Wednesday, October 30, 2013

Behind the Books: Even More on Text Structure

Last week, when I wrote about circle stories, I included my own book, No Monkeys, No Chocolate, in my list of sample titles. Believe it or not, the idea that the book featured a circular structure was a revelation. Honestly, it never occurred to me until a Kirkus reviewer called it a “clever circle story” in his/her starred review.

The whole time I was working on the book I classified it as a cumulative story, a la The House that Jack Built, in my mind. I worked hard to make each step in the process as clear and engaging as possible.

Basically, I thought of the whole book in terms of conceptual scaffolding—carefully assembling a series of building blocks, one spread at a time, with the overall goal of convincing readers that the title was, indeed, true—if there were no monkeys in the world, our favorite dessert would disappear, too. Poof!
 
I worked so hard to carry readers along on a voyage of discovery from the provocative title to (what I hoped was) a satisfying pay off at the end that I never realized the book starts and ends in the same place—with cocoa beans.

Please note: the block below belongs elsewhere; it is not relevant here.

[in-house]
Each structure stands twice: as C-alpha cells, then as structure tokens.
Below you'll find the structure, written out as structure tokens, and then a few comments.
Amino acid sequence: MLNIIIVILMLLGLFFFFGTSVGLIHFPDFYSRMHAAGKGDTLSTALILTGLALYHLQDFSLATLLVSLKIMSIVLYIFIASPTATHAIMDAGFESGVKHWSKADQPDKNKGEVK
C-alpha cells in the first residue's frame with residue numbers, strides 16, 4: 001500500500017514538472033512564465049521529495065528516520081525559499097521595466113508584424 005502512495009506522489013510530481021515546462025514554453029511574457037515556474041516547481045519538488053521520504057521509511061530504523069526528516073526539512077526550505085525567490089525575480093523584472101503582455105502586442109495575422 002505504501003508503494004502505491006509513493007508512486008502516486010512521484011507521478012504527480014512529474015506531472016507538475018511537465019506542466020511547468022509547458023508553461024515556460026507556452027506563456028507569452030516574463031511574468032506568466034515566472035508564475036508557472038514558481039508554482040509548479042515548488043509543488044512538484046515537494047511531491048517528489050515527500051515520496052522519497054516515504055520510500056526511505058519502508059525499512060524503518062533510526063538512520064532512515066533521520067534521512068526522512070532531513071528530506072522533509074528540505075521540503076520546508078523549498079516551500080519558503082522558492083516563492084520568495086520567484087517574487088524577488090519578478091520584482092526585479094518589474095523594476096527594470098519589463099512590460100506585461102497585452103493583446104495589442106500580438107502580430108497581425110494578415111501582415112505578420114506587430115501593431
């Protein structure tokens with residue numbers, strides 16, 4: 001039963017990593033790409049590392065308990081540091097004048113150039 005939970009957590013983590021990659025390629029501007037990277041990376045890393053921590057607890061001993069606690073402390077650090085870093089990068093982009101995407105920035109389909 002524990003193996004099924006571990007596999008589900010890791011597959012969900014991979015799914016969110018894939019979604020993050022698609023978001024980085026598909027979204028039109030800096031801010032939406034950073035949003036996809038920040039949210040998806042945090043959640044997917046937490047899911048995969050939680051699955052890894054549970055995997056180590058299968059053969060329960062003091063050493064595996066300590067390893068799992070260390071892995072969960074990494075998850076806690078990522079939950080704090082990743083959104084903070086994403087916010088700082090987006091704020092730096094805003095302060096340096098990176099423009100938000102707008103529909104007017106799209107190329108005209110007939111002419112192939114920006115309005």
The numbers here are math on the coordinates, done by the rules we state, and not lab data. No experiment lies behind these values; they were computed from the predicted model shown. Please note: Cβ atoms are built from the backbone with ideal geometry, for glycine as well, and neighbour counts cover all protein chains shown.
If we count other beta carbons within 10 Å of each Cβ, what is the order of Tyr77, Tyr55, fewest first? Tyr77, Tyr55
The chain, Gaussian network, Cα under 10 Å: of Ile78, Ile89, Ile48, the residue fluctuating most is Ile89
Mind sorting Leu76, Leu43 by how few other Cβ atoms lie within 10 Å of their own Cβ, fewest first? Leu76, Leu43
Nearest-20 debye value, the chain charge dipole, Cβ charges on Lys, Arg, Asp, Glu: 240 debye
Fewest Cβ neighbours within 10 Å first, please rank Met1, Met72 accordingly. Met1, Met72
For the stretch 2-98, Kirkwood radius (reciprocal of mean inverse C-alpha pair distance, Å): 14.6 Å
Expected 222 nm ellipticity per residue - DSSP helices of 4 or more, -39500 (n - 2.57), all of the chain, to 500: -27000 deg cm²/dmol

There are lots of other great nonfiction books that make good use of a cumulative structure. Here are some of my favorites.

Here Is Antarctica by Madeleine Dunphy (illus Tom Leonard)

Here Is the African Savanna by Madeleine Dunphy (illus Tom Leonard)

Here Is the Coral Reef by Madeleine Dunphy (illus Tom Leonard)

Here Is the Tropical Rain Forest by Madeleine Dunphy (illus Michael Rothman)

Here Is the Wetland by Madeleine Dunphy (illus Wayne McLoughlin)

Here Is the Southwestern Desert by Madeleine Dunphy (illus Ann Coe)

Here Is the Arctic Winter by Madeleine Dunphy (illus Alan James Robinson)

Older Than the Stars by Karen C. Fox (illus Nancy Davis)

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